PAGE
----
Travelling the East Coast; Port Stephens. 

Australia, Fun Stuff, Inspiration, Road Tripping
The view from Nobby's beach pavilion, Newcastle

After two nights in Sydney, we were ready to start our road trip so the gents went to pick up the hire car while us ladies consulted the maps and things to do at our first stop – Port Stephens.

Port Stephens is a large natural harbour in New South Wales, 160 kilometres north east of Sydney and named by Captain Cook, with an array of water activities on offer including dolphin and whale watching, fishing and more.

We made a stop at Newcastle on the way and took a look at the Queens Wharf where we came across Nobby’s Beach and Harry’s Cafe. We all ordered a pie from the latter which were topped with mushie peas, mash potato, gravy or all three. Apparently it’s quite a famous road side eatery with the likes of Pamela Anderson and Elton Johns pictures on the wall from their own visit.

nobby's beach pavillion in new south wales
We arrived at our apartments, Pacific Oaks, late afternoon and jumped straight in the pool that surrounded the entire village like a moat, giving James the perfect opportunity to kick start his triathlon training. There were also two jacuzzi pools, a steam room, gym and lane pool to make use of and we ended up doing so during the rainy moments! Since we were in apartments with our own kitchen we made the most of it by cooking in for the two nights we were here, plus the seafront had been scouted for places to eat with little success despite the promise of fresh seafood eateries from the guide books.

We spent our full day here visiting the Hunter Valley Wine Region, an hours drive out of Port Stephens. After a quick Google search on how best to approach the visit we decided to go it alone rather than book a tour since we already had our own vehicle and almost every one of the 130 wineries offered free sampling so it just didn’t seem worth the $60-$80 price tag per person for a tour! If you’re thinking of doing this yourself, take a look at my DIY guide for visiting the Hunter Valley here.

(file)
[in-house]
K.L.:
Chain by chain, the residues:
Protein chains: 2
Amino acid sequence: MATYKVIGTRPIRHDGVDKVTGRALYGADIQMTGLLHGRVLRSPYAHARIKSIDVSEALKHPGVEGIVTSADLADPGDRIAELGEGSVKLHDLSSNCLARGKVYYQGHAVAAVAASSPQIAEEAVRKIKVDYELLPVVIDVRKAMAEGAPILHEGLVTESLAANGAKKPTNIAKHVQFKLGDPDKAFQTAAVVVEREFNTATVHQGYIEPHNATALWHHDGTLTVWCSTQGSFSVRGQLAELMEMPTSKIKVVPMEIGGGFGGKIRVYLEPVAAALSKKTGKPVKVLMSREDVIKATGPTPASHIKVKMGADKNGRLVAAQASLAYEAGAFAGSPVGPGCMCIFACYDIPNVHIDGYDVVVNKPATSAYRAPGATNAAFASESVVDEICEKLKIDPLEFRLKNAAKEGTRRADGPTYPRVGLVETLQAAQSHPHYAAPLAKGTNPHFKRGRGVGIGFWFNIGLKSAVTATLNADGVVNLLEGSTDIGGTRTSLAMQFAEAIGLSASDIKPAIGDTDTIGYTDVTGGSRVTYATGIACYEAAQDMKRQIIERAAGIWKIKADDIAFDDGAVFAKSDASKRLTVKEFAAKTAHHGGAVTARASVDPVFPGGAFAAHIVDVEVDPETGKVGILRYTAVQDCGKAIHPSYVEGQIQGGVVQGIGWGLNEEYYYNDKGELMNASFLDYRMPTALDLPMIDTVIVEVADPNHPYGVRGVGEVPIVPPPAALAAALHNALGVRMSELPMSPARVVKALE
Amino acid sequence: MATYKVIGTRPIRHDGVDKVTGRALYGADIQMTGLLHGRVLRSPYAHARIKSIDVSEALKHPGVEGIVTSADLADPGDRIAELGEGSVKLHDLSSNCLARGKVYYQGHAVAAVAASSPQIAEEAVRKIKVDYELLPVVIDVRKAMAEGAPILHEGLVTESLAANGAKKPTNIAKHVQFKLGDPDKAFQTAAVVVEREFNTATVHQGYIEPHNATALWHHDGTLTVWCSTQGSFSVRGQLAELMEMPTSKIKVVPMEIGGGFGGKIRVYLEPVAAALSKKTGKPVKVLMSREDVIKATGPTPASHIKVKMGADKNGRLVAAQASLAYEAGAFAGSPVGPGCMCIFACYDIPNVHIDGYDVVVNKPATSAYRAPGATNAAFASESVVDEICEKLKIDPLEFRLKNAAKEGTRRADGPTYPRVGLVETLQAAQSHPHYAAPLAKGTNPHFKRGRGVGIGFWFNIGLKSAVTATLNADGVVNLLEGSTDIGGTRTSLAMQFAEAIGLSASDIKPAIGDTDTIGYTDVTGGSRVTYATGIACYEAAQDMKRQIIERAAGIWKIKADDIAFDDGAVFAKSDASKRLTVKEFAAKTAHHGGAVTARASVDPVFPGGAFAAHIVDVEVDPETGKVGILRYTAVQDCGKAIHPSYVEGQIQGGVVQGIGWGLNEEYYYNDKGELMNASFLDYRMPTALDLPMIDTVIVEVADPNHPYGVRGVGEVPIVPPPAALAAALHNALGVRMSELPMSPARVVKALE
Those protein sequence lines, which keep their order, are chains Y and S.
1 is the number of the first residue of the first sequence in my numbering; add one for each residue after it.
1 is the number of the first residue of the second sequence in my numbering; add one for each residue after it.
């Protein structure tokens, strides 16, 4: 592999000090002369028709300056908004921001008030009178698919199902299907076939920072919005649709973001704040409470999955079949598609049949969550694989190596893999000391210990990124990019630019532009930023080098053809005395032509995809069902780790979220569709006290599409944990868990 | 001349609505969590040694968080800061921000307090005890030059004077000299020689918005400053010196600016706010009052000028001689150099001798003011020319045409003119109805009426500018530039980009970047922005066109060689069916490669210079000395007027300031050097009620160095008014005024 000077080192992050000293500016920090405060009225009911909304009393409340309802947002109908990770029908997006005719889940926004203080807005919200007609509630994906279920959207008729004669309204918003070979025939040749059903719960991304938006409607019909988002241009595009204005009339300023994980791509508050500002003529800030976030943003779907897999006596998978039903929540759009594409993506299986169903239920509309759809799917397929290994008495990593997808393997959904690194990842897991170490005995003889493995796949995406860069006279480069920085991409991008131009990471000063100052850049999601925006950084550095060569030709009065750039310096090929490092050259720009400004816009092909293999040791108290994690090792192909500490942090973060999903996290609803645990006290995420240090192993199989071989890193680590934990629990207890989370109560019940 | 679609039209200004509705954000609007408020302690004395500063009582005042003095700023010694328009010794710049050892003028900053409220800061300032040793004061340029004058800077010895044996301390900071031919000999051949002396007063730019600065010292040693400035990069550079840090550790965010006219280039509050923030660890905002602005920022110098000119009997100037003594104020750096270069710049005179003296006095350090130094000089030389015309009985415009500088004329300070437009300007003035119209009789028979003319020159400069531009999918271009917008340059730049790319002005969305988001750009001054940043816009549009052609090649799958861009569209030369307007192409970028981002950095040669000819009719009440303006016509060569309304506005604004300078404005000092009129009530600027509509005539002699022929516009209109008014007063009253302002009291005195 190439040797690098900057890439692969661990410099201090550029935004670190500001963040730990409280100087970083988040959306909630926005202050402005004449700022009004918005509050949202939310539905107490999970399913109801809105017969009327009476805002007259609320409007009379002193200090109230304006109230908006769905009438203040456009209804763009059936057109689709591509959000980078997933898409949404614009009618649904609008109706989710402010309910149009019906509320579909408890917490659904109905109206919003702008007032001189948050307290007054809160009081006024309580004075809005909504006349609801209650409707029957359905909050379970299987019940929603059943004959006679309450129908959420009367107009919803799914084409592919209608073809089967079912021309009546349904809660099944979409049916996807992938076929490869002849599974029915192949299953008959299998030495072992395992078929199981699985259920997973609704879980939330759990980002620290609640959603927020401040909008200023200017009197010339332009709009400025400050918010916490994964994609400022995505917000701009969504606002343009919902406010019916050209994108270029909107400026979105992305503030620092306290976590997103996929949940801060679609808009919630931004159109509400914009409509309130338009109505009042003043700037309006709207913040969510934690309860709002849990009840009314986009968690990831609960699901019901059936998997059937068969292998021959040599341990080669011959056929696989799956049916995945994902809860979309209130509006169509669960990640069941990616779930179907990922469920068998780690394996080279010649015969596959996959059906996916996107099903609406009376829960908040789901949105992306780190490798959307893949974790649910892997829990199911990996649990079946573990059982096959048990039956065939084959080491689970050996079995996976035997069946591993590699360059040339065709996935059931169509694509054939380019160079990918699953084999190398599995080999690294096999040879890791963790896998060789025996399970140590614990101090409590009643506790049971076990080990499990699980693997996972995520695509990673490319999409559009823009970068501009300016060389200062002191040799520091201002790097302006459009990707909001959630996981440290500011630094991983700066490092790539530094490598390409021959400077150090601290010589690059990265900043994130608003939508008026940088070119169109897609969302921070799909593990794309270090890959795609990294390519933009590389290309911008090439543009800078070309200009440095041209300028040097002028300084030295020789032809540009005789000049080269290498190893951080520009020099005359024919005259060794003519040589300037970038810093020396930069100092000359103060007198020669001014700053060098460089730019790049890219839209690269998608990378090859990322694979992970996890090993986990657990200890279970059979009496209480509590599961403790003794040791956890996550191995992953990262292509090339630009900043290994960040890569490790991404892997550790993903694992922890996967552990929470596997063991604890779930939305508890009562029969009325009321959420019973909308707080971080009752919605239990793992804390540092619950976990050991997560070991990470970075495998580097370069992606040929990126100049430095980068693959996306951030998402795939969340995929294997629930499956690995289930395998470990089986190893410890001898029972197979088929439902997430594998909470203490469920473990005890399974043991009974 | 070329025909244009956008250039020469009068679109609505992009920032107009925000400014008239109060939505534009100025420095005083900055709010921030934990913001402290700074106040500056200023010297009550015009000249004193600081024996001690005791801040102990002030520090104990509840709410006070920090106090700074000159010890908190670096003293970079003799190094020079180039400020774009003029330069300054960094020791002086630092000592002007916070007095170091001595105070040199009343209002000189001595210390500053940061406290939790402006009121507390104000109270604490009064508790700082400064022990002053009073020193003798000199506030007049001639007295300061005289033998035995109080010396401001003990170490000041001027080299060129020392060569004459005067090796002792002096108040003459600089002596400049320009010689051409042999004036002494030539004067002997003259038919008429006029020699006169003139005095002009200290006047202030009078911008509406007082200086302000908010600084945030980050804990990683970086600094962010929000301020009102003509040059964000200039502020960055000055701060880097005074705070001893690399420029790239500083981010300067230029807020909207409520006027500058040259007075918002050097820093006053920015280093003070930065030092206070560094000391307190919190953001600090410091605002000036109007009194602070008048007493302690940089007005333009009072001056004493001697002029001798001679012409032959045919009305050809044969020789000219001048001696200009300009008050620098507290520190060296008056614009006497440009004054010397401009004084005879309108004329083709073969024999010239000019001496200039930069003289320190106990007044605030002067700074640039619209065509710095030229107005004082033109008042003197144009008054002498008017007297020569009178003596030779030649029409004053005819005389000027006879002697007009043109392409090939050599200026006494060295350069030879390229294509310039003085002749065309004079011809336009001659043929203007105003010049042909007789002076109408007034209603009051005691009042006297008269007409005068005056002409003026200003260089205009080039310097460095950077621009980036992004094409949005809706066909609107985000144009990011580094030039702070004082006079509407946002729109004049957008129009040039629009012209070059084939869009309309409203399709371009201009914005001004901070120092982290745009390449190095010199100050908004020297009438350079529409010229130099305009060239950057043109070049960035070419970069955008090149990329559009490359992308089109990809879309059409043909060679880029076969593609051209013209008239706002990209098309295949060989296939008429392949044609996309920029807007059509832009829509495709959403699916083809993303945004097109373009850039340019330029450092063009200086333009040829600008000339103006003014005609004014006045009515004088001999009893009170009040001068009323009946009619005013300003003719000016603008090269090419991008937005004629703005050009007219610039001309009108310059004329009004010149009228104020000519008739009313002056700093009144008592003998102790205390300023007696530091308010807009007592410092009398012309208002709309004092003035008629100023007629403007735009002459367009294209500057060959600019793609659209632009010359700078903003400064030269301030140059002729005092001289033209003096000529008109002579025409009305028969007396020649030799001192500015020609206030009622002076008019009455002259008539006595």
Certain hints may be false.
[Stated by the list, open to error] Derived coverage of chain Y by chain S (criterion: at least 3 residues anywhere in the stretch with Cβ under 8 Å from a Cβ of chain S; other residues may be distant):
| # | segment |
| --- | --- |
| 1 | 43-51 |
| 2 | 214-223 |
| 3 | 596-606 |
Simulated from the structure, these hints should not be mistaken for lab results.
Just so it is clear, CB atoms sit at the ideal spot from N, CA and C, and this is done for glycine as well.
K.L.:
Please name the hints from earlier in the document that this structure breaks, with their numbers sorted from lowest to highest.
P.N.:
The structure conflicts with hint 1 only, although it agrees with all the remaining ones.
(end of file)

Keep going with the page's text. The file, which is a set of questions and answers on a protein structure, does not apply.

It was a really beautiful place. Quiet roads linked winery after winery from small family run to the larger more established names, each with their own stunning mountain backdrop. We got stuck in, making Tyrrell’s our first stop, a name we all knew well. They call it the ‘cellar door’ …the place where all the barrels are sat proudly, full of wines being aged within the oak. There were even some sherries and port barrels from as early as 1998!

A picture on an oak barrel used to age red wine

An Oak Barrel at Tyrrell’s Vineyard

After checking out where the magic is made we popped back to the shop and began sampling. There were only a couple of wines from the premium selection unavailable for free tasting but we were able to make our way through their portfolio of wines including the Winemakers Selection sourced from their Hunter Valley Vineyards as well as the Lost Block and Old Winery ranges that came from regions such as Heathcote and Adelaide Hills. We sampled a couple of whites before moving swiftly on to the Reds and dabbled in everything from Pinot Noir to Shiraz.

We preferred the Shiraz wines on most occasions and always opted for the maturer full bodied ones. Of course we couldn’t leave empty handed and walked away with a selection of our favourites including the 2013 Lost Block Shiraz, 2009 Lunatiq Heathcote Shiraz and the 2013 Rufus Stone Heathcote Shiraz.

 james reading the wine encyclopedia after buying wine from Tyrrel's

James happy with his first wine purchase of the day.

 

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